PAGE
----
Sunday, July 06, 2008
BT i-Plate filter
The iPlate is intended for end user fitting using only a screwdriver, without disconnecting and reconnecting wires. The iPlate plugs into the wall plate and the faceplate into the iPate, the extension wires on the faceplate are passed through a slot in the bottom of the iPlate to save the effort of remaking the connections.
In addition to the series choke on the bell wire both of the signal lines 2 and 5 pass through another twin coil device with a ferrite (?) core. Here's a photo of the device:
The coil device looks like a transformer (to a relative layman) however the DC continuity of both signal lines is maintained so it appears to inductively couple the two lines while at the same time inserting a 4.6 mH inductance into each. The device is marked B302H.
The iPlate is intended for a specific set of ADSL users - those who don't want to get involved in wiring changes and who have a BT NTE5 master socket with a T Telecom or BT Piper logo. The new Openreach logo NTE5 plates (as shown in the photo) already have the bellwire choke built in. Non-NTE5 faceaplates can't accept the iPlate.
An iPlate is probably best suited to users who want to use ADSL on an extension, as it will minimise the impact of extension wiring. It does not replace the microfilters you need on each phone / fax / Sky box.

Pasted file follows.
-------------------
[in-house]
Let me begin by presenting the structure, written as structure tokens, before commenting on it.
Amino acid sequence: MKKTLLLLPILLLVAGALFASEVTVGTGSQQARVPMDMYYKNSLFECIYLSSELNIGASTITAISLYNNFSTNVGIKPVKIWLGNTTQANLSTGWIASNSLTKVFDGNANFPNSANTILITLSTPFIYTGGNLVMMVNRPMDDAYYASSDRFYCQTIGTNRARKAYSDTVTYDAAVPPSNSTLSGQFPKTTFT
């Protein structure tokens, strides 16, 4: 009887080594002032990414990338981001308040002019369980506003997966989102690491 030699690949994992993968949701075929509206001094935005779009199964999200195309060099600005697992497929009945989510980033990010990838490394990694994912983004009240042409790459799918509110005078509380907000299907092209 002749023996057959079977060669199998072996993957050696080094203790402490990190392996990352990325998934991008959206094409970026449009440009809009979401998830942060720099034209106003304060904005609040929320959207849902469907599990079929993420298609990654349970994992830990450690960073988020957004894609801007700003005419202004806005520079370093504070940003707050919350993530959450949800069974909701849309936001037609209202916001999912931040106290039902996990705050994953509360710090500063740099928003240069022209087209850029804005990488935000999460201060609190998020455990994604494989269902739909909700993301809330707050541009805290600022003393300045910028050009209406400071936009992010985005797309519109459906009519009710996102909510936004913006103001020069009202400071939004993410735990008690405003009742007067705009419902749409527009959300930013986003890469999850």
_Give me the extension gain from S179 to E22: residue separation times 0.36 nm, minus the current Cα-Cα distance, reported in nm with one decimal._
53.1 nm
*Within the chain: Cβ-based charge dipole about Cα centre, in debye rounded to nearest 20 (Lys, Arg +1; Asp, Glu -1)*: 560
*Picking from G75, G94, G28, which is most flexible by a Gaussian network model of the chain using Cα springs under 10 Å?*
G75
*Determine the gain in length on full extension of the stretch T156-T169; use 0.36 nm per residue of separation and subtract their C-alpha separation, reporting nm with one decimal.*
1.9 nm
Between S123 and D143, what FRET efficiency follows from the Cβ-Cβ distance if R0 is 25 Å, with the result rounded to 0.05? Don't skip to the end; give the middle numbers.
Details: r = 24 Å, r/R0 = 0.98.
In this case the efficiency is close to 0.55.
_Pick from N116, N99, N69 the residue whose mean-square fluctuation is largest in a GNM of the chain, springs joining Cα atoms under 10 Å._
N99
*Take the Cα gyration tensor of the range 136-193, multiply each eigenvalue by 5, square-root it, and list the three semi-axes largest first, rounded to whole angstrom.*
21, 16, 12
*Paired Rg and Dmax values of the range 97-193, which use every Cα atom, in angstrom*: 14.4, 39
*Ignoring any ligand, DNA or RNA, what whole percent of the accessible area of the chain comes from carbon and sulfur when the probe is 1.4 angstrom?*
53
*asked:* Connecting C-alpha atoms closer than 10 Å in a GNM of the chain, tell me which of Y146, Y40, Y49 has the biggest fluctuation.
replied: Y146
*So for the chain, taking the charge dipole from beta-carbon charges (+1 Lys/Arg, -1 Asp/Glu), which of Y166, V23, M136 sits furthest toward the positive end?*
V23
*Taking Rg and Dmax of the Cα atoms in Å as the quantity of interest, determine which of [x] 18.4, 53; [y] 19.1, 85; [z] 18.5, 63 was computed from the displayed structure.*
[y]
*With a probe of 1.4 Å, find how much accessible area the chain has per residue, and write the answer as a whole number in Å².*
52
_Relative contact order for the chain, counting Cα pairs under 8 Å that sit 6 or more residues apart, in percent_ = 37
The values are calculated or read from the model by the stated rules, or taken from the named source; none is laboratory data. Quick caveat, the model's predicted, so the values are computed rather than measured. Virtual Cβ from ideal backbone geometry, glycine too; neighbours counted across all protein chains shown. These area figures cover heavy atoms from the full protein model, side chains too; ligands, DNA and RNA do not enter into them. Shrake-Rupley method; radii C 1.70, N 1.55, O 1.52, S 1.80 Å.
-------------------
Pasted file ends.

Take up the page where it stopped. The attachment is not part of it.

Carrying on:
If you can use the Broadband adjacent to the NTE5 master socket then a full filtered faceplate is a better choice as it removes the need for microfilters and removes the ADSL signal from the extension wiring.
If you have a DIY bent then simply removing the ring / bell wire from terminal 3 of your master socket will achieve what the iPlate sets out to do - isolate the ring wire as a source of interference.
Here's a simple circuit diagram of the iPlate internals :-
If anyone can offer an explanation of the function of the twin coil device please post a comment below. Thanks.
Labels: iPlate BT ADSL DSL Broadband